3 Things to Leave Behind

as You Head into the New Year

 

2020 is a year for the record books! Everyone experienced it differently. For some, it was a great year full of opportunities. For others, it was a year of loss upon loss. I’m somewhere in the middle. I experienced opportunity, joy, and many reasons for gratitude this year. I also experienced loss and grief.

As I look back over what I’ve learned and gained and lost and experienced, one thing is clear: I’m ready for a change! And though I cannot (by myself) change the economy or the pandemic or the political climate of my country, I can always change my own behavior.

Here are three behaviors I’m leaving right here in 2020 as I walk forward into 2021. I won’t do it perfectly, but I purposefully and mindfully leave these behind:

 

1. Worrying

I’m not your typical worrier. Life has its ups and downs—neither last forever. I tend to have a positive outlook and not get bogged down in the details of all the bad things that could happen. Even this year, I haven’t worried about getting COVID or failing in my business or the outcome of the election, though those are all huge, valid concerns. But I do tend to worry about whether or not I’m doing things “right” in my business, in my family, in my community … in everything! I worry all the time about whether or not I’m good enough.

You worry, too. Maybe you don’t worry about the same things I do, but there are things weighing you down, taking up space in your brain, overwhelming your thoughts and emotions. That’s totally normal, especially after a year like this one! Yet worry doesn’t feel very good and doesn’t produce great results. In fact, worry shuts down your ability to think rationally and to act decisively. That just leads to more problems. Worry fuels worry.

Here are some ways to let go of worry. I aim to practice these more regularly in the upcoming year:

  • Say it out loud. Giving voice to your worries brings them into the light of reality. Most of the time, the simple act of saying your worries out loud immediately makes you realize how overblown your reaction is. Even when that’s not the case, speaking makes it concrete; you can work with what’s concrete.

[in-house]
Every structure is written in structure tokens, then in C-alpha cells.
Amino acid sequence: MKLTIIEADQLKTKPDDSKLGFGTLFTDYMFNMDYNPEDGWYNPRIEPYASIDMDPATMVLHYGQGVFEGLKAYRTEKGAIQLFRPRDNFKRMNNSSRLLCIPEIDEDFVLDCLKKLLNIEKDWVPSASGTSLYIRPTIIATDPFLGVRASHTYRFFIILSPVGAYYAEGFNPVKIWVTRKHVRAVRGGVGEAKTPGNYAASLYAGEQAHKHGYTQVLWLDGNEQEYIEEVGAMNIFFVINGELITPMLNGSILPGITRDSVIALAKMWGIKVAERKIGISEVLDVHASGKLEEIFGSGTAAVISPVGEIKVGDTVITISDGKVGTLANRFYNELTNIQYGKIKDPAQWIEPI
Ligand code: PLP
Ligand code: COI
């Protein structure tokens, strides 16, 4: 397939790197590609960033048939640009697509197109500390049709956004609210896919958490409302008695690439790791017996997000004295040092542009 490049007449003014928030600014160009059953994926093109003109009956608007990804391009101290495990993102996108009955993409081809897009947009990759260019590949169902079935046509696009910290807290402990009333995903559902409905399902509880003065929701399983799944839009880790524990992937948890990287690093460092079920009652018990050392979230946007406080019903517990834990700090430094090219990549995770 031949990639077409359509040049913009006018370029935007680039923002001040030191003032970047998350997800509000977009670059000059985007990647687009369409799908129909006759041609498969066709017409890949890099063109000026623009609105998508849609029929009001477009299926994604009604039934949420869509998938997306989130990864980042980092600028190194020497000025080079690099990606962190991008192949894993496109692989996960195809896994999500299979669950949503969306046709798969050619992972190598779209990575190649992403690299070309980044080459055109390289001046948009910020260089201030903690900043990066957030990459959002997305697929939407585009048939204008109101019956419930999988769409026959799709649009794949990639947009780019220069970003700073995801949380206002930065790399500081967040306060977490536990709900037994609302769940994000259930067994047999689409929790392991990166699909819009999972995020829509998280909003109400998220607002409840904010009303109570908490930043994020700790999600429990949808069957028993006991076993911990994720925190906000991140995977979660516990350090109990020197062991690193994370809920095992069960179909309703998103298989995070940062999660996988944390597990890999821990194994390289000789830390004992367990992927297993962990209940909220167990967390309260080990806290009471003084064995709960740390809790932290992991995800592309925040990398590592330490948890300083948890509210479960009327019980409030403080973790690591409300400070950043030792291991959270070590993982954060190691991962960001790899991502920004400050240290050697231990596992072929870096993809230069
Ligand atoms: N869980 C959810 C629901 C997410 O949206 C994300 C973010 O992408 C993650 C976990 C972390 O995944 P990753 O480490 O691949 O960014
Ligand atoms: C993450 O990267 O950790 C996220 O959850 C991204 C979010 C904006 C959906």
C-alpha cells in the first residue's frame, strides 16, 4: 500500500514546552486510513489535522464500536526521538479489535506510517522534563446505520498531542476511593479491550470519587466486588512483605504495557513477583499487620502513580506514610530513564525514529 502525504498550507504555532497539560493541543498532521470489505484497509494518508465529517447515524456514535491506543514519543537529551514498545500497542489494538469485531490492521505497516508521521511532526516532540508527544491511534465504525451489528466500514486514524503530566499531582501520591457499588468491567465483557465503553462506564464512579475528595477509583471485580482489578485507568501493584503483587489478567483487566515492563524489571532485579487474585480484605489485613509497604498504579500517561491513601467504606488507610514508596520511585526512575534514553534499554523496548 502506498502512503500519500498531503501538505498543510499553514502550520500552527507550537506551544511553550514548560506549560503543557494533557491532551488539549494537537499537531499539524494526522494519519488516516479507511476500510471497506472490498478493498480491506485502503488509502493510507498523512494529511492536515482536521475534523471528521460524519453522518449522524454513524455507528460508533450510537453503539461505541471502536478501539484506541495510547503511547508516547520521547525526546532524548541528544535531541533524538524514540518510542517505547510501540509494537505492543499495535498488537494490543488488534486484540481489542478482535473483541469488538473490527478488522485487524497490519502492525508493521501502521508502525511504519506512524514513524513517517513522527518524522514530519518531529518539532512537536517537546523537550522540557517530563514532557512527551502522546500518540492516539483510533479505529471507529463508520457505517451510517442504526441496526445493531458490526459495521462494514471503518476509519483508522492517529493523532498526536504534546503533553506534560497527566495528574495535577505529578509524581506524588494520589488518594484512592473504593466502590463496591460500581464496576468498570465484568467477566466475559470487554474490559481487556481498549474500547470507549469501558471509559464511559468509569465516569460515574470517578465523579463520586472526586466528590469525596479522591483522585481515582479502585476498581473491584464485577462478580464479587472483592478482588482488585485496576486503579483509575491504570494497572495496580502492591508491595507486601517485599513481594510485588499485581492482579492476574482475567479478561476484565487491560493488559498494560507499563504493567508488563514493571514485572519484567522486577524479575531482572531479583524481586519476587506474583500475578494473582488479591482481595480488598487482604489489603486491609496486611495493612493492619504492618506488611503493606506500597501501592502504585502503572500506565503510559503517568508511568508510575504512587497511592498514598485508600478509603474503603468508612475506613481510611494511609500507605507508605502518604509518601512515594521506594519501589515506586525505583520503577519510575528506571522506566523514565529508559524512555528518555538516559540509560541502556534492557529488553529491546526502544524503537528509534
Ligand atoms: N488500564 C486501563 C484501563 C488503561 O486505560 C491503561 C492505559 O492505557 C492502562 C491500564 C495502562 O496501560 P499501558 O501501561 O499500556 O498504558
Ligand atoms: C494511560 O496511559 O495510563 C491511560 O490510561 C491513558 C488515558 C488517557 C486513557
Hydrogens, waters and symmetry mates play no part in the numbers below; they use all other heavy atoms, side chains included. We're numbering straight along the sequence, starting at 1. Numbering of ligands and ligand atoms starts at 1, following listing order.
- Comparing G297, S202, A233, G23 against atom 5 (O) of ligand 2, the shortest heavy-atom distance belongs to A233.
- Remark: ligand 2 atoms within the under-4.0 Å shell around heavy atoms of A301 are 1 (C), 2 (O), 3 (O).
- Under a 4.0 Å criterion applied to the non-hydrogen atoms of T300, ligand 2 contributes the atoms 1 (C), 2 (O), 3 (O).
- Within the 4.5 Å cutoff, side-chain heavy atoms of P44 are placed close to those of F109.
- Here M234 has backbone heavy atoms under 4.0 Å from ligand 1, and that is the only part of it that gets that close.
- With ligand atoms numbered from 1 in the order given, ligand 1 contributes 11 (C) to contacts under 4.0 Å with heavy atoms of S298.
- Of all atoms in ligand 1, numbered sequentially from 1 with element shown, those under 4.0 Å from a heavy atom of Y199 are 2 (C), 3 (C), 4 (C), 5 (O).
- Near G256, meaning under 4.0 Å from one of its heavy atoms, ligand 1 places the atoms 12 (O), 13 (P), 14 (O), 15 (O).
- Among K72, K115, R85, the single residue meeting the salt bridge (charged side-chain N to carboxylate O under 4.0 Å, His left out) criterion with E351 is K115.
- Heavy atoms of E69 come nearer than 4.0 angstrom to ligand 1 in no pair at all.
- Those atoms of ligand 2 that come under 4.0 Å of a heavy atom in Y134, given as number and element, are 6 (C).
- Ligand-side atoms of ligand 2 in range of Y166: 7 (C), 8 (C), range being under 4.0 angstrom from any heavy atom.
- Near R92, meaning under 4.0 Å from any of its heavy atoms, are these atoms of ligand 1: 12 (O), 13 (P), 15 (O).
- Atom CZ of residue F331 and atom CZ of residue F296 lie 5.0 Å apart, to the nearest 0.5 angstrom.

• Stay present. Worries are always future-focused. Be here, now.
  • Be proactive. If there’s action you can take, take it! Even small actions make you feel more in control and less anxious.
  • Label your thoughts. When you find yourself worrying, say, “Oh look! That’s a worry. I don’t need that.” Acknowledge it and let it go.
  • Move your body. Work those worries right out of your body. Running, weightlifting, and dancing are especially good for releasing feel-good endorphins and giving your fears an outlet.
  • Resist stories. Or as Louise Hay says, “Stop scaring yourself!” Stop expecting the worst of other people or life in general.

Take each day as it comes. Don’t let future problems rob you of today’s strength and joy.

 

2. Waiting

Someone recently said, “This was a wasted year. I spent the whole year waiting.” While I wouldn’t have put it quite so starkly, I can certainly relate. The enormous levels of uncertainty and constant change made planning exceedingly difficult this year. Without a plan, I tend to spin in circles. I often felt adrift and lost this year. I’m not known for my spontaneity and flexibility!

There were many things I didn’t wait on, of course. I took advantage of opportunities—both professional and personal—as they came along. I used my extra time at home to pursue some hobbies and spend more time with my family. I read and researched, developed new products, and finished projects. I kept busy… but I felt mostly like I was busy treading water versus moving forward. Treading water is an important skill to have, but you can’t do it forever. Eventually you get tired and go under.